Synthesis of BI2O3/SIO2 core–shell nanoparticles by an atmospheric CVS/CVD process and their modification by hydrogen or electron-beam induced reduction
F. Weis, R. Schneider, M. Seipenbusch, G. Kasper
Surface and Coatings Technology, 2013, 230, 93-100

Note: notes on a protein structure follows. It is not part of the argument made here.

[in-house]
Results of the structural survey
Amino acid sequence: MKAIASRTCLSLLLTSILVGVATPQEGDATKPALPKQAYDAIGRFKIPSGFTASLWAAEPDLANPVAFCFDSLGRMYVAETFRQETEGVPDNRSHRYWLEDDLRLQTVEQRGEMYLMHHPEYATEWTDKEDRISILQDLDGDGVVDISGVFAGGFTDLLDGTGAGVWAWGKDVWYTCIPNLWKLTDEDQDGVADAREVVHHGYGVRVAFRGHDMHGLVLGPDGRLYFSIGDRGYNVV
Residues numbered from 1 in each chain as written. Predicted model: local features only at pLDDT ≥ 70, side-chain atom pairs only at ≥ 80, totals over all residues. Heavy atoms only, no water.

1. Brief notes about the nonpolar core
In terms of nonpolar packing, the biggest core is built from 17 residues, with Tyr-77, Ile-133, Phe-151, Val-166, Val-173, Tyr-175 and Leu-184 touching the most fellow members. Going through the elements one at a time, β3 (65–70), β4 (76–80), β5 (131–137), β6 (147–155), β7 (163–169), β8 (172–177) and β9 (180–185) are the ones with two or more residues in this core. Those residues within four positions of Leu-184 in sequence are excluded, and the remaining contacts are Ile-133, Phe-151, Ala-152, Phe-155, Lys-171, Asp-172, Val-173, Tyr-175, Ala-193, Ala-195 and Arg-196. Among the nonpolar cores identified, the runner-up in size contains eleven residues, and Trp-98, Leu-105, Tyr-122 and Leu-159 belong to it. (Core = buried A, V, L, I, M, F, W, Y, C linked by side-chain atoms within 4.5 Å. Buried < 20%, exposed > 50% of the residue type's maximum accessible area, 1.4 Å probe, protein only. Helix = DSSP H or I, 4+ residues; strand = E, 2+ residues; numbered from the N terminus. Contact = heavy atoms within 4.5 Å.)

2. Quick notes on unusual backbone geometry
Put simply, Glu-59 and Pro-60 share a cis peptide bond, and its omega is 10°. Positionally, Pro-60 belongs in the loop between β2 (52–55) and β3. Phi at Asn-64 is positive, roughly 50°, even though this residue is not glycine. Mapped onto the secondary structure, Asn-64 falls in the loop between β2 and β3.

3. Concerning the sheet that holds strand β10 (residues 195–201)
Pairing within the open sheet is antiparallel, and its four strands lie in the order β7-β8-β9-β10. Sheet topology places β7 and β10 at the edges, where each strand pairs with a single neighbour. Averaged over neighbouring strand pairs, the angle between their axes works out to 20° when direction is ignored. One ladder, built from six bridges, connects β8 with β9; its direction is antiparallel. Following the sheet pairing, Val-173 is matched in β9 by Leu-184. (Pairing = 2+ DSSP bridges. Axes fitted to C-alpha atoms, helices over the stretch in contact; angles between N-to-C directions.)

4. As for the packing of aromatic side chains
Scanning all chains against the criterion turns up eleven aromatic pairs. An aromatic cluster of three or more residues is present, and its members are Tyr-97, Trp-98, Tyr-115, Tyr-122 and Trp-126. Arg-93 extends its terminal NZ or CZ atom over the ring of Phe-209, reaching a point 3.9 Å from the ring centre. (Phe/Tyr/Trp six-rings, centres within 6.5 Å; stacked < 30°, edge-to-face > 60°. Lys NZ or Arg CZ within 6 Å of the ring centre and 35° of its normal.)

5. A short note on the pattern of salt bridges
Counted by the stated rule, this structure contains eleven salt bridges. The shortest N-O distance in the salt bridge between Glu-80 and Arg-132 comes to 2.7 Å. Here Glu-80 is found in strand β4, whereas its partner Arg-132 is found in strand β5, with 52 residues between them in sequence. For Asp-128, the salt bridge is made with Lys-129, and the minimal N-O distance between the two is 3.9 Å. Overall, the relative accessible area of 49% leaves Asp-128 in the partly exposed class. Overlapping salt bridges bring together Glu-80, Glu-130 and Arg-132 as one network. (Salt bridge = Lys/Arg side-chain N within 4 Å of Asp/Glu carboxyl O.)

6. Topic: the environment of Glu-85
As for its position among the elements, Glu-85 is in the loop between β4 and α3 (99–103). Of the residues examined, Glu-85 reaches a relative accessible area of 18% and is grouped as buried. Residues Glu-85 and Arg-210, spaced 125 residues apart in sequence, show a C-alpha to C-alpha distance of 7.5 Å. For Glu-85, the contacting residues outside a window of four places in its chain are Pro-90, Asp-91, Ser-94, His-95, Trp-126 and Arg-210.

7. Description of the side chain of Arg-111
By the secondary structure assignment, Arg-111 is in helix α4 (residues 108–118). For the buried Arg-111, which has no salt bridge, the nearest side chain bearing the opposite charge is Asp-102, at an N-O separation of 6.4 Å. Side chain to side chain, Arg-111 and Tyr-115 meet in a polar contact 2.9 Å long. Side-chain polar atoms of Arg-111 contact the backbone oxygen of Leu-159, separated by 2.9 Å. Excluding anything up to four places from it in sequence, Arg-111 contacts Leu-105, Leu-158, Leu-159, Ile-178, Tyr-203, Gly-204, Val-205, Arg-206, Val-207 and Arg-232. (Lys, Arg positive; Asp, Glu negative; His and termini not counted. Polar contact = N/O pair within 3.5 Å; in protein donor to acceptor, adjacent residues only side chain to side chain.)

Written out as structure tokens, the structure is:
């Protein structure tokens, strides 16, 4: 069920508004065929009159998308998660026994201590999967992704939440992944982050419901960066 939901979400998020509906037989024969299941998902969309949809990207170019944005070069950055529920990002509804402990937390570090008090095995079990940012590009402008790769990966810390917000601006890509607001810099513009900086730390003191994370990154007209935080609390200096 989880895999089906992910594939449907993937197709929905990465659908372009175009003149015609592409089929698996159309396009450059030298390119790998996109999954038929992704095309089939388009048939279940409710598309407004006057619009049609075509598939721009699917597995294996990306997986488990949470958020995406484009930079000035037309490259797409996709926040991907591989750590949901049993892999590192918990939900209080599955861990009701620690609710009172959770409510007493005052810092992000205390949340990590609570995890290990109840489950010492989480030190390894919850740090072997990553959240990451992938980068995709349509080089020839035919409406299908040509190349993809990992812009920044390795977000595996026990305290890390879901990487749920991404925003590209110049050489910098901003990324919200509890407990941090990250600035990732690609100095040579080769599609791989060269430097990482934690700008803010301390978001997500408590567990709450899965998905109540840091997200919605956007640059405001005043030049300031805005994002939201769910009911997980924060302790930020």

Bismuth oxide thin films in the nanometer range (1–11 nm) were deposited onto silica substrate particles of 60–120 nm by a continuous, integrated chemical vapor synthesis (CVS)/chemical vapor deposition (CVD) process at atmospheric pressure. The film thickness, measured by transmission electron microscopy (TEM), was adjusted by the partial pressure of the precursor bismuth triphenyl and the reactor temperature, but must be kept below certain limits to avoid homogeneous decomposition. Thermal stability of the core-shell structures was tested in air for 5 h and no change in structure was observed up to 400 °C, higher temperatures leading to break up of the film and sintering to bigger crystallites. In-situ electron beam induced reduction in the TEM or reduction in hydrogen at atmospheric pressure at 200–250 °C was used for restructuring of the core–shell particles and led to finely dispersed bismuth nanoparticles of 4–11 nm on the silica substrate particles. The size of the bismuth nanoparticles is a function of the initial film thickness. High-resolution transmission electron microscopy and electron energy loss spectroscopy were used to prove the metallic character of the bismuth nanoparticles and surface diffusion and coalescence could be observed as growth mechanism during in-situ TEM observations. The finely dispersed bismuth nanoparticles on the silica substrate could be reoxidized in atmospheric air at 400 °C without a significant change in the particle size distribution.